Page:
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    Autonomy v. Shame and Doubt

    This is Erikson's second stage of psychosocial development.Children in this stage begin to realize that they can direct their own behavior.
  • Walked (12.1 Months)

    Walked (12.1 Months)
    12.1 Months Old
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    Preoperational Stage

    Piaget's second stage of development. Children in this stage experience egocentricsm. They also lack conservation, which is not due to intellegence but development.
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    Initiative v. Guilt

    Erikson's third stage of psychosocial development. During this stage children are typically 3 to 5 years old. Children begin to develop their imagination and ability to share with others.
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    Industry v. Inferiority

    Erikson's fourth stage of psychosocial development. Children in this stage are typically ages 5 to 12. During this stage children develop educational/academic skills and learn to work with a group/team.
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    Concrete Operational Stage

    Piaget's third developmental stage. Children in this stage can fully grasp conversation, mathmatical transformations, and conservation.
  • Puberty (Girls-11 Years)

    Puberty (Girls-11 Years)
    Girls typically begin puberty around 11 years old. They experience a surge of hormones that create physical changes. The primary sex characteristics that develop are the reproductive organs. The secondary sex characteristics that develop are the breasts, hips, appearence of armpit hair, a growth spurt, and eventually the first menstration cycle.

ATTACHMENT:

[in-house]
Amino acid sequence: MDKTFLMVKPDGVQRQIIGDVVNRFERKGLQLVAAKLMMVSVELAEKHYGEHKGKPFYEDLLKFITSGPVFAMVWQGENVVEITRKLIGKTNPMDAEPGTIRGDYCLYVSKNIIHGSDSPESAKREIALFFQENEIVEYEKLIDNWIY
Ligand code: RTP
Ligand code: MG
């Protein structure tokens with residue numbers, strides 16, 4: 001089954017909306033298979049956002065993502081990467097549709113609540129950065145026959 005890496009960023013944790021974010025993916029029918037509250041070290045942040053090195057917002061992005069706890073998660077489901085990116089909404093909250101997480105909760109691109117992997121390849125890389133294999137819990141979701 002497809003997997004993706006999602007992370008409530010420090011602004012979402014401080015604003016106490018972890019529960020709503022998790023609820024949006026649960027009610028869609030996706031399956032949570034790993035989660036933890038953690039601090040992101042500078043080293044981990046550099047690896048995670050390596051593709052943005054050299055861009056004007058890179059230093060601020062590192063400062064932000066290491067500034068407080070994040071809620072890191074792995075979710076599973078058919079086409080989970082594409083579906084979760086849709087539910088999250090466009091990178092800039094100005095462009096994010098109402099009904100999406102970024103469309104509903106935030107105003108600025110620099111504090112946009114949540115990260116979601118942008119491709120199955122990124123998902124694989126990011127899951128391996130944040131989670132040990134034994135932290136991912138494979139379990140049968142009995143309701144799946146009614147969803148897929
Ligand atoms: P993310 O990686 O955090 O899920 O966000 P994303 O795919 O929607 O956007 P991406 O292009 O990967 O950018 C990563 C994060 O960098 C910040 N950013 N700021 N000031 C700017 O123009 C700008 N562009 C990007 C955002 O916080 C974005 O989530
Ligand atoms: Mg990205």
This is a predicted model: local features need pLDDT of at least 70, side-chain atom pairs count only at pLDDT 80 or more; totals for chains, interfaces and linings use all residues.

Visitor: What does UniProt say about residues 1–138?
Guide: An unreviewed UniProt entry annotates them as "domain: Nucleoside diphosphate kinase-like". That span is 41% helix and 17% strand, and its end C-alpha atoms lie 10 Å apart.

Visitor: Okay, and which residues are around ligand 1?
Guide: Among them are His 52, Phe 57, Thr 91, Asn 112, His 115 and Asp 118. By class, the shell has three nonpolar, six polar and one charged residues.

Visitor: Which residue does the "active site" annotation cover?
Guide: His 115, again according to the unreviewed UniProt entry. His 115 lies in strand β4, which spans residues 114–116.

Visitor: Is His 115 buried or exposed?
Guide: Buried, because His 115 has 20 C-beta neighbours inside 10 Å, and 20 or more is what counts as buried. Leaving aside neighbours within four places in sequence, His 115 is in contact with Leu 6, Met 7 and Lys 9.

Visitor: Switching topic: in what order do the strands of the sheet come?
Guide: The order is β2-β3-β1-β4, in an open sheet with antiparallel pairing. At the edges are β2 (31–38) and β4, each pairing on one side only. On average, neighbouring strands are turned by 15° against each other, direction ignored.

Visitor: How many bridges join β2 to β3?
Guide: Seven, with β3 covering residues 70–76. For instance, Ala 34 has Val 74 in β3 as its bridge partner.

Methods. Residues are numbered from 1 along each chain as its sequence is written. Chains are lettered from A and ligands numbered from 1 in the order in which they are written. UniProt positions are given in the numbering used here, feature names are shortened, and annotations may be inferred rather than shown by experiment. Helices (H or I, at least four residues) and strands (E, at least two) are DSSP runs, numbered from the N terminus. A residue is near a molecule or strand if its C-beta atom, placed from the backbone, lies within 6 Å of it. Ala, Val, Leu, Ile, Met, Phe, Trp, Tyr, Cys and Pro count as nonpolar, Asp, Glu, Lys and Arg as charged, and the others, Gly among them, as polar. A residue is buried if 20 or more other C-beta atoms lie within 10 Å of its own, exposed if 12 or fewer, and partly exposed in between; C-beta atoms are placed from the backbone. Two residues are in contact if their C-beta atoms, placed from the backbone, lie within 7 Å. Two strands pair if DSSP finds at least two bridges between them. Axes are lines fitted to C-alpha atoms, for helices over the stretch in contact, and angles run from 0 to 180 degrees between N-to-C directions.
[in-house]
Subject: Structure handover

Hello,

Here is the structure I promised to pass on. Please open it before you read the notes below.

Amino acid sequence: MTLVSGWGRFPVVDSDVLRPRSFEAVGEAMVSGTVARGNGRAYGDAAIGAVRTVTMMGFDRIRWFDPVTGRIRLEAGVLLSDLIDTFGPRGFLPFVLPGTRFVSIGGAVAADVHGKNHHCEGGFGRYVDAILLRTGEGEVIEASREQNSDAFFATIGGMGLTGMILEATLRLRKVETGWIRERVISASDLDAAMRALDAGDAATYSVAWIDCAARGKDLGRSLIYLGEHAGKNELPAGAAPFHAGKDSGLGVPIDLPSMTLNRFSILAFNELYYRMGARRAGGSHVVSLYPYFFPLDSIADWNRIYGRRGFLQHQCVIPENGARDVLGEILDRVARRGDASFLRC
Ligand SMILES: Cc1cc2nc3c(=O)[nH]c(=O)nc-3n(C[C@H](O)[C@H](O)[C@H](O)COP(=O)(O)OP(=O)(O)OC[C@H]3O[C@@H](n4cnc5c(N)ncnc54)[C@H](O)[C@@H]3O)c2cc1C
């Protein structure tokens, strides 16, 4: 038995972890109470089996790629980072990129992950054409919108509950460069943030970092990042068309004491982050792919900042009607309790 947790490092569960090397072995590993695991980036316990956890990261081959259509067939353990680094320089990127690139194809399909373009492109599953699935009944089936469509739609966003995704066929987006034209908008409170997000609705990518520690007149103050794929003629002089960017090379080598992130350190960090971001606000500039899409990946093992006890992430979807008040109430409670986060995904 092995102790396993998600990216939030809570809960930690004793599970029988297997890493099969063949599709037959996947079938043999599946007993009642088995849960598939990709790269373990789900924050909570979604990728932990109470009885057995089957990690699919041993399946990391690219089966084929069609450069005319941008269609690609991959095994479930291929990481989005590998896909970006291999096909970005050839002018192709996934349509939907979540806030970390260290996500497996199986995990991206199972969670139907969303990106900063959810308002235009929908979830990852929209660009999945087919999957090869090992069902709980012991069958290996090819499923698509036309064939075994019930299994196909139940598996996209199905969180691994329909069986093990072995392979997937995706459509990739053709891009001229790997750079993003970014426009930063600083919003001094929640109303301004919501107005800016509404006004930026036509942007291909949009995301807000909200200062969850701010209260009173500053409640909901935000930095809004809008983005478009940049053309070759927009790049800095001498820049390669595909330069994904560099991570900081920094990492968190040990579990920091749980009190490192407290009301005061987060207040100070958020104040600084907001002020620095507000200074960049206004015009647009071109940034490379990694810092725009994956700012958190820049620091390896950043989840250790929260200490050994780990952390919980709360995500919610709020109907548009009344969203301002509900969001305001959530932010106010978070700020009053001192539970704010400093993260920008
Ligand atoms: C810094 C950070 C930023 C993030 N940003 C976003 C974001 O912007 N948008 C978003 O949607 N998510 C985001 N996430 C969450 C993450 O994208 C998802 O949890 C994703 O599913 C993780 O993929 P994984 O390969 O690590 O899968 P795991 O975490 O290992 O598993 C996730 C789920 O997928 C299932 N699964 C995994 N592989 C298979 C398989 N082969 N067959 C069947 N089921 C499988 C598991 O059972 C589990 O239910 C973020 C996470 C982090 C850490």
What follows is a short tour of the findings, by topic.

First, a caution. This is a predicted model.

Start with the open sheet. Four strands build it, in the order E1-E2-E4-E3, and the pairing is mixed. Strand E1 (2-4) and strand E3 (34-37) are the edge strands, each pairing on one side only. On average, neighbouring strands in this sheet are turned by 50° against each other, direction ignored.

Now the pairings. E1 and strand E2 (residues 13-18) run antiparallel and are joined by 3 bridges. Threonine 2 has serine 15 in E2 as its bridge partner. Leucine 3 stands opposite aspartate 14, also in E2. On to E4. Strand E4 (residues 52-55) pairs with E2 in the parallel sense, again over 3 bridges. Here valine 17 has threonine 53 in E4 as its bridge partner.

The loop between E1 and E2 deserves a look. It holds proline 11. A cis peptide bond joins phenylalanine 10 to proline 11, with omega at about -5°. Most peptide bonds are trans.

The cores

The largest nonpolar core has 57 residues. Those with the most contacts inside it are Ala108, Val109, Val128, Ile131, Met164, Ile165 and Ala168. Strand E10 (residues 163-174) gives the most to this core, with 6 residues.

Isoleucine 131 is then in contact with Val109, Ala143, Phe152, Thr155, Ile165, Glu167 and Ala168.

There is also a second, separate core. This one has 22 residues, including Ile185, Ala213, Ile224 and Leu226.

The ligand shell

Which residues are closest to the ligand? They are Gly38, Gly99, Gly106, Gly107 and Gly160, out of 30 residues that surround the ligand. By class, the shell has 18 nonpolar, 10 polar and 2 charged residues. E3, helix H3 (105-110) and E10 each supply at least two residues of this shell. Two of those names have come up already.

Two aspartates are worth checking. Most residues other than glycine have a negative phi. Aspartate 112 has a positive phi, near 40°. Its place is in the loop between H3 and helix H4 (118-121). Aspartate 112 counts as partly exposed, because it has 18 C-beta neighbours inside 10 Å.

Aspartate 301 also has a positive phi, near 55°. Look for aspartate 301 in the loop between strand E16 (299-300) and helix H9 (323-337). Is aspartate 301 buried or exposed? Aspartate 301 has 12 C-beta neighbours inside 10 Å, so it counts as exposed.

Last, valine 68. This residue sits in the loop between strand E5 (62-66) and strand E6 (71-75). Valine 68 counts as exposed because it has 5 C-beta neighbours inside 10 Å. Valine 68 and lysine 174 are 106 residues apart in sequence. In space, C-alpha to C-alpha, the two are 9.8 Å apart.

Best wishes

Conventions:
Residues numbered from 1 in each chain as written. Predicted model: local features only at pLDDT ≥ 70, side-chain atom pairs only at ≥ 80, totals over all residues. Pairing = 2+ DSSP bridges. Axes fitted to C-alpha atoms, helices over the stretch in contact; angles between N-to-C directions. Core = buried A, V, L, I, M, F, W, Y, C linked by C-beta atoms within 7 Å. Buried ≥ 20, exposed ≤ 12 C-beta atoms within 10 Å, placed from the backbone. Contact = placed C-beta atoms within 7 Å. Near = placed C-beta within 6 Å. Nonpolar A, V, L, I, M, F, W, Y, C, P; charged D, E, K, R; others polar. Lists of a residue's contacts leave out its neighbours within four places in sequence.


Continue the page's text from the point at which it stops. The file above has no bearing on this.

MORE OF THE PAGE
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    Formal Operational Stage

    Piaget's fourth and final developmental stage. In this stage children begin to learn abstract reasoning and are able to understand hypothetical propositions.
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    Conventional Morality Stage

    This stage is typically experienced by adolecsents and young adults. In this stage people begin to care for others and follow the rules set forth by parents or society.
  • First Menarche (Girls-12.5 Years)

    First Menarche (Girls-12.5 Years)
    The average girl is 12 1/2 years old during her first menarche.
  • Puberty (Boys-13 Years)

    Puberty (Boys-13 Years)
    Boys typically begin to experience puberty at 13 years old. They experience a surge of hormones which result in physical changes. The primary sex characteristics that develop are the reproductive organs and the external genitilia. The seconday sex characteristics that develop are the growth of facial hair, the deepening of the voice, the broadening of the chest and shoulders, a growth spurt, and eventually the first spermarche.